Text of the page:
I did not opt to find out the gender of either of my girls. And, I had a birth plan in mind. I did not follow the birth plans, but I did end up with two baby girls. My eldest was encouraged to join us via the breaking of my waters and I labored for some 11 hours with her. I was quite thankful that for the epidural and will never forget the excruciating back labor. It really was like someone was trying to grate the skin off my back and hurt like nothing I had ever felt before. The next wonderful thing that I experienced were the shakes post-childbirth thanks to the epidural–with my teeth chattering. The rails of the hospital bed were cushioned so that I would not hurt myself, during my seizure like shakes.

The easiest part of my birth experience was breastfeeding. I had no issues with breastfeeding post-child birth. I also have warm memories of that first diaper change with the meconium being released by each daughter. Oh, good times.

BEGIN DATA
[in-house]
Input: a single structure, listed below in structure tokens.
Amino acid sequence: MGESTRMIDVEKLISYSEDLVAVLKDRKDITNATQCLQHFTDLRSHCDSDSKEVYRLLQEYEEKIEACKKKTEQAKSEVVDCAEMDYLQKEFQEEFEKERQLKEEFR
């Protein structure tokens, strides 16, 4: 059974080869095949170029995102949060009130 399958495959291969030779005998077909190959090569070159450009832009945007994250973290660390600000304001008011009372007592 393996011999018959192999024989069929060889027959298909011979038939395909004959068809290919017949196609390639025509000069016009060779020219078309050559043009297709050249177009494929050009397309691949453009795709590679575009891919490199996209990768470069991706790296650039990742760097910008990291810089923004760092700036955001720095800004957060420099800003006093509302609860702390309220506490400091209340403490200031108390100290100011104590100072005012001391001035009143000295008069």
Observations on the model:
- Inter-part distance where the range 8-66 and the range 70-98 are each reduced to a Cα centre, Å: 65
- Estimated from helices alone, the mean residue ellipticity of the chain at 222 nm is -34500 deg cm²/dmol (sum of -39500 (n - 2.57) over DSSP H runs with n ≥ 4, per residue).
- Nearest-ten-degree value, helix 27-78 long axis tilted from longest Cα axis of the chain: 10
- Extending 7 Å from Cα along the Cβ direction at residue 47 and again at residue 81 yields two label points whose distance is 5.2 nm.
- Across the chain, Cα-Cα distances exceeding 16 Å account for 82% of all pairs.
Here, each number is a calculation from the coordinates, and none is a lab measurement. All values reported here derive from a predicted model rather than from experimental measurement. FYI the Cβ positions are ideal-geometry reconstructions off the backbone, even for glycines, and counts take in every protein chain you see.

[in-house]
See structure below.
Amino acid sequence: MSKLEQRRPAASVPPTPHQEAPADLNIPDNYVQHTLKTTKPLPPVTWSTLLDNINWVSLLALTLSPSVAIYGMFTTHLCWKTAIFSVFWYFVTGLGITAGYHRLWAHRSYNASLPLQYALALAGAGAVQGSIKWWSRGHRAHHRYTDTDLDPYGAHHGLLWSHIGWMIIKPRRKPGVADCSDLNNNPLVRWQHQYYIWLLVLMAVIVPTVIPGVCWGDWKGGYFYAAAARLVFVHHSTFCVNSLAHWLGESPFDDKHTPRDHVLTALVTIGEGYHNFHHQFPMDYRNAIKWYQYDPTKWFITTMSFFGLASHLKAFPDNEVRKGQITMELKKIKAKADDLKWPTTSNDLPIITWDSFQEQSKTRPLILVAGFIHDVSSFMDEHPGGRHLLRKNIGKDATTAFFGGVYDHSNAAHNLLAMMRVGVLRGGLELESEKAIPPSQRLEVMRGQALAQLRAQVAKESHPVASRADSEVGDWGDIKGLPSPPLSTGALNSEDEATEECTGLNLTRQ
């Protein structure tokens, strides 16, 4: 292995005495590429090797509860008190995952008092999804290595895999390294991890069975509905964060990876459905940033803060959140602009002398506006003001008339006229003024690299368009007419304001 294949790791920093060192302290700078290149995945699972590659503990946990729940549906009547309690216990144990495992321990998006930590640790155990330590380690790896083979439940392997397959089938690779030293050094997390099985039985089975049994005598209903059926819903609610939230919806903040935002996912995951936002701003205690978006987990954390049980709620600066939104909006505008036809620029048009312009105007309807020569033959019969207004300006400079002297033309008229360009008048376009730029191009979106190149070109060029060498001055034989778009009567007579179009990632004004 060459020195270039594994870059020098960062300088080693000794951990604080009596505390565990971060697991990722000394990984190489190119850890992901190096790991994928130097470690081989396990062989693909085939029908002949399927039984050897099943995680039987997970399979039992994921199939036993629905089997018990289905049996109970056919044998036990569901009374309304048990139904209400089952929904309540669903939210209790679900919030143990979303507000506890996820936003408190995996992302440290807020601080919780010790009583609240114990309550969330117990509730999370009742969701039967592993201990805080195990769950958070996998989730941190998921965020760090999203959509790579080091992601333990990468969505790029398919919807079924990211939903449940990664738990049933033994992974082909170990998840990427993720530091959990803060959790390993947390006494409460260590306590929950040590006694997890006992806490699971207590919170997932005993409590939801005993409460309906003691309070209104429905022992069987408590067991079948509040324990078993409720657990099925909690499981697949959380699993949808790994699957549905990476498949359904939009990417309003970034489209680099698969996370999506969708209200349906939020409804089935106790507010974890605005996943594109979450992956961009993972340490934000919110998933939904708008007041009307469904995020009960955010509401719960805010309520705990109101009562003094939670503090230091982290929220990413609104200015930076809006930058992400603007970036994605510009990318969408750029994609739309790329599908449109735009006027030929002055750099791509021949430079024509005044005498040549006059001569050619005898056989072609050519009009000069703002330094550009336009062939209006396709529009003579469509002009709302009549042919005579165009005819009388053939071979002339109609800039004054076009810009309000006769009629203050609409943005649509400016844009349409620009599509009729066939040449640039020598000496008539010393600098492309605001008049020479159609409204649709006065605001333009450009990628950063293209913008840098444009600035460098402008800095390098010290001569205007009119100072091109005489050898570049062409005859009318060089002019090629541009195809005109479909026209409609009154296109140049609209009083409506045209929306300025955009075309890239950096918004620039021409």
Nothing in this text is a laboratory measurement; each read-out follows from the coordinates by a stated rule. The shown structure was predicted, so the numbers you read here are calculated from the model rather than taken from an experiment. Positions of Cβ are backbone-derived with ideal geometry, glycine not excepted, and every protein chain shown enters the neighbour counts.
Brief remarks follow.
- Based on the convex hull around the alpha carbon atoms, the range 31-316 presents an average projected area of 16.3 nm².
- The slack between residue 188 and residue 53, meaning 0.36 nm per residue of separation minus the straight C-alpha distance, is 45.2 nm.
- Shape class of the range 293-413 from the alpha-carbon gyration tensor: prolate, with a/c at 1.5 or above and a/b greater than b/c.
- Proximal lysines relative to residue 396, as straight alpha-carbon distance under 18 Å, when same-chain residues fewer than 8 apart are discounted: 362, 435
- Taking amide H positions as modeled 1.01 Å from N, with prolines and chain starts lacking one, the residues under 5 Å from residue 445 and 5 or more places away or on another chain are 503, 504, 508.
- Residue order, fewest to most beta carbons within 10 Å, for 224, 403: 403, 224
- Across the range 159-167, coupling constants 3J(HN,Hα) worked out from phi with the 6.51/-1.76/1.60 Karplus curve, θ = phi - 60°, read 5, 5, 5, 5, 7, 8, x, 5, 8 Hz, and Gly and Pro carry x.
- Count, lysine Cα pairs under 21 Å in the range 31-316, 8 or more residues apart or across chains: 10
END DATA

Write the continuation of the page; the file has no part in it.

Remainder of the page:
My second (and last) child birth experience was more traumatic. I started off laboring standing and was feeling pretty good; however, in the matter of 10 minutes I went from laboring standing to the nurses realizing that something was wrong. I was summarily prepped for surgery and had an emergency c-section. I will never forget the moment on the hospital bed with my arms strapped down and feeling the doctor tug and open me up. I did not feel any of the surgery, but I could feel movement, and then my daughter was taken out of me. My doctor explained that the umbilical cord was wrapped around my daughter’s neck twice and this explained the fetal distress. I shed tears of joy and relief. I felt guilty that every contraction strangled my poor girl. This daughter is more of a fighter and she comes by it naturally. Listening to other women’s child birth stories I am struck with the joy, honesty, and in some cases regret.

I did not feel guilty about the interventions that I had with my birth experiences, then, I do not now. And no one else is going to change my mind. Smiles.